The present invention provides a method and system for providing distributed printing. The method and system include providing a plurality of printers, at least one print spooler, and at least one relational database coupled with the print spooler. The print spooler(s) are for managing printing operations. The relational database(s) are coupled with the print spooler. The relational database also includes a plurality of tables that store a plurality of print objects.

According to the system and method disclosed herein, the present invention provides a distributed printing system that allows for a variety of benefits including but not limited to scalability, continuous printing, user access to system-wide printers, the ability to efficiently process complex printing-related queries, and/or the ability to track, analyze and manage usage of printing related equipment and supplies.

BRIEF DESCRIPTION OF THE DRAWINGS

FIG. 1 is a diagram of a conventional physical view of a portion of a conventional computer system in an enterprise.

FIG. 2 is a high-level diagram depicting one embodiment of a logical view of a portion of a computer system in accordance with the present invention for performing distributed printing.

FIG. 3 is a high-level diagram depicting one embodiment of a physical view of a portion of a computer system in accordance with the present invention for performing distributed printing.

FIG. 4 is a more detailed diagram depicting one embodiment of a logical view of a portion of a computer system in accordance with the present invention for performing distributed printing.

FIG. 5 depicts a high-level flow chart of one embodiment of a method in accordance with the present invention for performing distributed printing using the system in accordance with the present invention.

DETAILED DESCRIPTION OF THE INVENTION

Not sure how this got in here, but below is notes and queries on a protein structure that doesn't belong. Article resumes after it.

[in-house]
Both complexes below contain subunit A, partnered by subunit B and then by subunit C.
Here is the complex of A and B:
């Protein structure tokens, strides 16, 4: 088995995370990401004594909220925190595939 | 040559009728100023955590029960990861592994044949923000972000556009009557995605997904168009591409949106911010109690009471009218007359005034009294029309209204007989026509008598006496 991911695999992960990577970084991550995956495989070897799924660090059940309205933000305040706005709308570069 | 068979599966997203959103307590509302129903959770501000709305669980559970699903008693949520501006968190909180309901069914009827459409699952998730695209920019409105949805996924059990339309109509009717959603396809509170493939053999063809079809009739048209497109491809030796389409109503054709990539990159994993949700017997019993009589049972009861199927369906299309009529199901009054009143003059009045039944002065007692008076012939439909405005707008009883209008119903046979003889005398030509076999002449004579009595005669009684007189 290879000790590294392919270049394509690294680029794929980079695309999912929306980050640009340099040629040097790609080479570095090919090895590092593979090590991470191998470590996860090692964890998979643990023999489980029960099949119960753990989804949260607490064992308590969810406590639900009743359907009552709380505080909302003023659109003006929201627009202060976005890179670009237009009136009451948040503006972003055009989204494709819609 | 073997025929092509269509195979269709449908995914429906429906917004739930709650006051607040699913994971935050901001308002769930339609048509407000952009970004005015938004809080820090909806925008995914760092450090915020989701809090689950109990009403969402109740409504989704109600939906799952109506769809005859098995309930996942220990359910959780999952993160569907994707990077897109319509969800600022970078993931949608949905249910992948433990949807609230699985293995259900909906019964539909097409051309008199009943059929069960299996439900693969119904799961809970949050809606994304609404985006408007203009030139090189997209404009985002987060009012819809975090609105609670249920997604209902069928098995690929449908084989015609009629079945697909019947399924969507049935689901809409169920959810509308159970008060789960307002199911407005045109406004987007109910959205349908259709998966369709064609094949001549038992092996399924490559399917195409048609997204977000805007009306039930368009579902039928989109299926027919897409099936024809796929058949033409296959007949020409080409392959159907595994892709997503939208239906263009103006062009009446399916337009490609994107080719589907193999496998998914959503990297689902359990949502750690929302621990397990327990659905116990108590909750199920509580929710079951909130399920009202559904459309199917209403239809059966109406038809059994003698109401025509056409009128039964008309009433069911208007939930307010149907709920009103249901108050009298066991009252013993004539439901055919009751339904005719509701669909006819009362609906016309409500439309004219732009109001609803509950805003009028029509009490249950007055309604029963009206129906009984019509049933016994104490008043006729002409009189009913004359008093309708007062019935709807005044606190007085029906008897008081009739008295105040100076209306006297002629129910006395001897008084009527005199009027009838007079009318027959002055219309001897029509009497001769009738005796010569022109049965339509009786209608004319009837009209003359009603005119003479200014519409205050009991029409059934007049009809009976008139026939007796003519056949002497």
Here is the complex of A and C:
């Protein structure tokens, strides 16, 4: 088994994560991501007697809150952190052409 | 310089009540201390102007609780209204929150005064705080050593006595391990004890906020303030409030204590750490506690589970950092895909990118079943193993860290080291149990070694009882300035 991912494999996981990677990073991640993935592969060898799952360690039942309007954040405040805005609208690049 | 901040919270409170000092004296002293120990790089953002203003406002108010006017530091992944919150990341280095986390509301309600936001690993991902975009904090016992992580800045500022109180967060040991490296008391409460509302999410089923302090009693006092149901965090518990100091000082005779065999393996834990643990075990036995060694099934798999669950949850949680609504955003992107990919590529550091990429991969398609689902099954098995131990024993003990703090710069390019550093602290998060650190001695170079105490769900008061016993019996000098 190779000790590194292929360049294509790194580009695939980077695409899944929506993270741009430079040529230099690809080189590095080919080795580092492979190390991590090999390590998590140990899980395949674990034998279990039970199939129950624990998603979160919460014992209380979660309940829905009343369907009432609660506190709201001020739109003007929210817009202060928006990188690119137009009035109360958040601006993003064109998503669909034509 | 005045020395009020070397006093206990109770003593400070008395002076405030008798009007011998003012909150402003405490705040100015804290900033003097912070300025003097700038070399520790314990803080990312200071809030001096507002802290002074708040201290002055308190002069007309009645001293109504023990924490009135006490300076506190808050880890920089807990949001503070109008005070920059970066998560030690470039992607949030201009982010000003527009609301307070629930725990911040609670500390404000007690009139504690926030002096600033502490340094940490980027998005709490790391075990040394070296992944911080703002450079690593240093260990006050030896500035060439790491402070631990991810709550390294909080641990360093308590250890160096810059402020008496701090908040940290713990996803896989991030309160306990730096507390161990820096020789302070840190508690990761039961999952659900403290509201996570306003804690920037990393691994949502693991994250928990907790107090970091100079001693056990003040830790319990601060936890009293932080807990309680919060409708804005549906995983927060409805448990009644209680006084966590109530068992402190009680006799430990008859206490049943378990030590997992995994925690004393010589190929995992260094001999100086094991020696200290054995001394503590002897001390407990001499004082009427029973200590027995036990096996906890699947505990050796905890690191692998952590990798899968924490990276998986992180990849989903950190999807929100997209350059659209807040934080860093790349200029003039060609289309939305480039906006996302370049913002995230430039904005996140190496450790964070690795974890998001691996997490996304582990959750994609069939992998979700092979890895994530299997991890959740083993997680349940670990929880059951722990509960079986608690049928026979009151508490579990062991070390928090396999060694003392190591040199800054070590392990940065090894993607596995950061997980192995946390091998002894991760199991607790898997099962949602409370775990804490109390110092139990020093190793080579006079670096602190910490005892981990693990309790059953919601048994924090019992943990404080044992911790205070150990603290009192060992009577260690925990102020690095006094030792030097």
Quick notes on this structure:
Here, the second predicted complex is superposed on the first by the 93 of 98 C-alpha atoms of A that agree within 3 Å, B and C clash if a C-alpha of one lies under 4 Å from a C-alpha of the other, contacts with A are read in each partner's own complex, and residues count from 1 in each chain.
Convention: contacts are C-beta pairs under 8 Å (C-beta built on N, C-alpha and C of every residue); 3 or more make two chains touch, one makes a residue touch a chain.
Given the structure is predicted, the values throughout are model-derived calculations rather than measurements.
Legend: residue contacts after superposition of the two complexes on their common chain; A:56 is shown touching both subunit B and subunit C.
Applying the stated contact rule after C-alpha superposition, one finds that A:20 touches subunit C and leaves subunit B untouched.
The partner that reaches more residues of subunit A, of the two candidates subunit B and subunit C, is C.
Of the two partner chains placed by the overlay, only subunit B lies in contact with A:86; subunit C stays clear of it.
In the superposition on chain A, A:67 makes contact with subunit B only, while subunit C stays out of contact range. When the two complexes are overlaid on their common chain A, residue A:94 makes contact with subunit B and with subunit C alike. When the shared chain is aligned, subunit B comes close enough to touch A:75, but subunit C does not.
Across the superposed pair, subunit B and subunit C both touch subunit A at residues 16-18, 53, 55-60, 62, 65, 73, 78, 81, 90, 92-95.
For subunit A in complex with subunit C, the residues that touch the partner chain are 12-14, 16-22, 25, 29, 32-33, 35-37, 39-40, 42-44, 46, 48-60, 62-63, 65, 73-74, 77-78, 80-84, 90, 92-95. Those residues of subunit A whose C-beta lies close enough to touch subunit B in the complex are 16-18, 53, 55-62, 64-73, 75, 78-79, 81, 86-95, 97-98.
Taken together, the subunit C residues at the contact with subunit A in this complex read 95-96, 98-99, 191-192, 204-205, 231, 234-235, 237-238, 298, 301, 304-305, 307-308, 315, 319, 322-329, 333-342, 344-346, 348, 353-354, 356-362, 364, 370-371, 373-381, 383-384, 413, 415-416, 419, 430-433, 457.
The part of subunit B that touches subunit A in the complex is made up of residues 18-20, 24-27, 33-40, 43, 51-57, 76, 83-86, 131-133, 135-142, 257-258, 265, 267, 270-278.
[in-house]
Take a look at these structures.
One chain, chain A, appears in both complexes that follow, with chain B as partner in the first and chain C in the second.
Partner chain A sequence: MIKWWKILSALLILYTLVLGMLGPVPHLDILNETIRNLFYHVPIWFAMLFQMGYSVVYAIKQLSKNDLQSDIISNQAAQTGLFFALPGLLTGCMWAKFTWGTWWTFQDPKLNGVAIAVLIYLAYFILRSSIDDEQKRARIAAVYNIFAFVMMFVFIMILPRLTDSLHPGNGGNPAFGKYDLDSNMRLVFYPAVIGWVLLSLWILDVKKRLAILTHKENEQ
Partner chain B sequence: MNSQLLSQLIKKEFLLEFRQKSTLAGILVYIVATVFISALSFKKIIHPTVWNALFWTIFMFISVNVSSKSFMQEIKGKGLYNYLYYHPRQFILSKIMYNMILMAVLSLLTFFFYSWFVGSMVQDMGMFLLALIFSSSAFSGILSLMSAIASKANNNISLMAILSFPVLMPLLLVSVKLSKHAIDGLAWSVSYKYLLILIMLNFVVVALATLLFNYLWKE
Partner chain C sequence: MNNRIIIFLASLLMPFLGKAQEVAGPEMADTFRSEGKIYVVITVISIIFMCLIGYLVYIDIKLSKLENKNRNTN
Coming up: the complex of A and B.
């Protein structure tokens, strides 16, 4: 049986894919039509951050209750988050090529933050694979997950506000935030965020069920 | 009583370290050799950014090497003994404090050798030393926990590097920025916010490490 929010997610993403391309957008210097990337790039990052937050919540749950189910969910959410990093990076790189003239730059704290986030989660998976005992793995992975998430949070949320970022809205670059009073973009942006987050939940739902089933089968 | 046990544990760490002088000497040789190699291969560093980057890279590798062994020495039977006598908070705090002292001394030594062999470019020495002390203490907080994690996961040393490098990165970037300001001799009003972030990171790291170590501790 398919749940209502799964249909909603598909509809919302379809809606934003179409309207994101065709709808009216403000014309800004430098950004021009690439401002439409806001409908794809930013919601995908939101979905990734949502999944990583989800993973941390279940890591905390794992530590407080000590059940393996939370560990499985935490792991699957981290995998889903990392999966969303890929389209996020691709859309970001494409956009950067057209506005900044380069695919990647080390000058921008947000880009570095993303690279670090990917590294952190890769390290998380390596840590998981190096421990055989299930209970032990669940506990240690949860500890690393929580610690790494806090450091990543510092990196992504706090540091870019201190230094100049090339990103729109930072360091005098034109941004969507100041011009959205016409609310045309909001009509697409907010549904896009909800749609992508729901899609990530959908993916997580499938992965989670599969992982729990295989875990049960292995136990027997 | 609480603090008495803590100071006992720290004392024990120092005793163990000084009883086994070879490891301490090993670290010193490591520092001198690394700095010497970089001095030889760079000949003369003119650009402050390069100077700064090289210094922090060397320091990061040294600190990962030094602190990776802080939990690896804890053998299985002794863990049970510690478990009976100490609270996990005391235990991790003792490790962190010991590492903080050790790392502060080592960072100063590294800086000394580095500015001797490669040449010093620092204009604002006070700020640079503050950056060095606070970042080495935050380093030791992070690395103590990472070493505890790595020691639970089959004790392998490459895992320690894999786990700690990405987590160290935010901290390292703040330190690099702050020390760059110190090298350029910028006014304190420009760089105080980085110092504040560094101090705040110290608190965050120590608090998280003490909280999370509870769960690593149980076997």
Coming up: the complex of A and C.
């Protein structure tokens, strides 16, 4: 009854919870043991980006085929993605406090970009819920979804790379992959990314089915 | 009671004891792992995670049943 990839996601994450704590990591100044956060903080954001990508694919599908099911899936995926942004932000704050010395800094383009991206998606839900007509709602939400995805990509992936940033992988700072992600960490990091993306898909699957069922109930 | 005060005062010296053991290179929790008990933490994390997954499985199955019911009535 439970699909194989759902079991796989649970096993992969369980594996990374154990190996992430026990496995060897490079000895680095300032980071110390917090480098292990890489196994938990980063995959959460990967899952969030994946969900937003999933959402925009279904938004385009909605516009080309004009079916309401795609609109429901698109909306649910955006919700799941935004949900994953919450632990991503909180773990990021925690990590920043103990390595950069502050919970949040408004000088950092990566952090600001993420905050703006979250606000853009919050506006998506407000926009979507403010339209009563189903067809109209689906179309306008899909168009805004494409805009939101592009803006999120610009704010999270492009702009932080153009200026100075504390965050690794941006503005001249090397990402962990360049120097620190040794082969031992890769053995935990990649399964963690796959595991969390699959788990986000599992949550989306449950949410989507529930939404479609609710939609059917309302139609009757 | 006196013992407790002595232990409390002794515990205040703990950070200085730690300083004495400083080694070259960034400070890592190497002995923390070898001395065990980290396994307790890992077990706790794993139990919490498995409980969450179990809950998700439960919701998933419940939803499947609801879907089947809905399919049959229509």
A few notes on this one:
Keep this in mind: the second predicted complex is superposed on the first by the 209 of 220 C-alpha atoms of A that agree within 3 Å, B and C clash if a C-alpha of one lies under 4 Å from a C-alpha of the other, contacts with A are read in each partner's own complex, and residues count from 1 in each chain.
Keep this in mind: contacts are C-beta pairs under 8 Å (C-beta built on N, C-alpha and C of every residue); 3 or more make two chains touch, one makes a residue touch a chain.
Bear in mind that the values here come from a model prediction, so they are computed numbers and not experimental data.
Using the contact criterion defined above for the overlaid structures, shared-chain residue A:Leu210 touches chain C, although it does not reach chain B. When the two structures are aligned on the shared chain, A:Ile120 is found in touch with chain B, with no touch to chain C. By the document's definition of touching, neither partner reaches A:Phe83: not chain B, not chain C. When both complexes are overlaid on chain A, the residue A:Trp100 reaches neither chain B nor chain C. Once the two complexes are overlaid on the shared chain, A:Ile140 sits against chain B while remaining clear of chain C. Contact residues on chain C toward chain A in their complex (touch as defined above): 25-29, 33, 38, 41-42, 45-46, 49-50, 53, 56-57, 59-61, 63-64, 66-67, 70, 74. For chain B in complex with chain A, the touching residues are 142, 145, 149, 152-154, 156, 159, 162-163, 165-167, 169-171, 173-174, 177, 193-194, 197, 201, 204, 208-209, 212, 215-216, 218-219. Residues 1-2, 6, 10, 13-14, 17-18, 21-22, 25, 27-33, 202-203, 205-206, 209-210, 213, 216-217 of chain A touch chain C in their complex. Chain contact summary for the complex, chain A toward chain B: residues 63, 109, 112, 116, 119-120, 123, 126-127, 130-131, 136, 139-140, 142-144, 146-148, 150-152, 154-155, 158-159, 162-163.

The present invention relates to an improvement in the performance of distributed printing. The following description is presented to enable one of ordinary skill in the art to make and use the invention and is provided in the context of a patent application and its requirements. Various modifications to the preferred embodiment will be readily apparent to those skilled in the art and the generic principles herein may be applied to other embodiments. Thus, the present invention is not intended to be limited to the embodiment shown, but is to be accorded the widest scope consistent with the principles and features described herein.

The present invention provides a method and system for providing distributed printing. The method and system include providing a plurality of printers, at least one print spooler, and at least one relational database coupled with the print spooler. The print spooler(s) are for managing printing operations. The relational database(s) are coupled with the print spooler. The relational database also includes a plurality of tables that store a plurality of print objects.

The present invention will be described in terms of a particular computer system and particular operations. However, one of ordinary skill in the art will readily recognize that this method and system will operate effectively for other computer systems and other and/or additional operations. The present invention will also be described in the context of a particular number of components, such as printers, print servers, database servers and other components.

To more particularly illustrate the method and system in accordance with the present invention, refer now to FIG. 2, depicting one embodiment of a logical view 100 of a portion of a computer system in accordance with the present invention for performing distributed printing. The system 100 includes a printer spooler 120 and a database 110 having tables 112, 114, and 116. The database 110 is preferably a relational database that is queried using structured query language (SQL) queries. Although three tables 112, 114, and 116 are shown, the database 110 may include more tables. Each of the tables 112, 114, and 116 stores print objects. In a preferred embodiment, the tables 112, 114, and 116 are hierarchically organized and include similar print objects. For example, the table 112 might be a table of printers and/or their attributes, print jobs and/or their attributes, data for the print jobs, users, meta data for graphical user interfaces (GUIs), as well as other objects related to performing distributed printing.

FIG. 3 is a high-level diagram depicting one embodiment of a physical view 150 of a portion of the computer system in accordance with the present invention for performing distributed printing. The system 150 includes database servers 152 and 154, printers 156, and 158; print servers 162 and 164; and clients 166, 168, and 170. The database servers 152 and 154 are used for the database 110 depicted in FIG. 3A. The print servers 162 and 164 are used by the print spooler 120. Although the components 152, 154, 156, 158, 160, 162, 164, 166, and 168 are depicted in close proximity, in practice, they may be separated by great distances.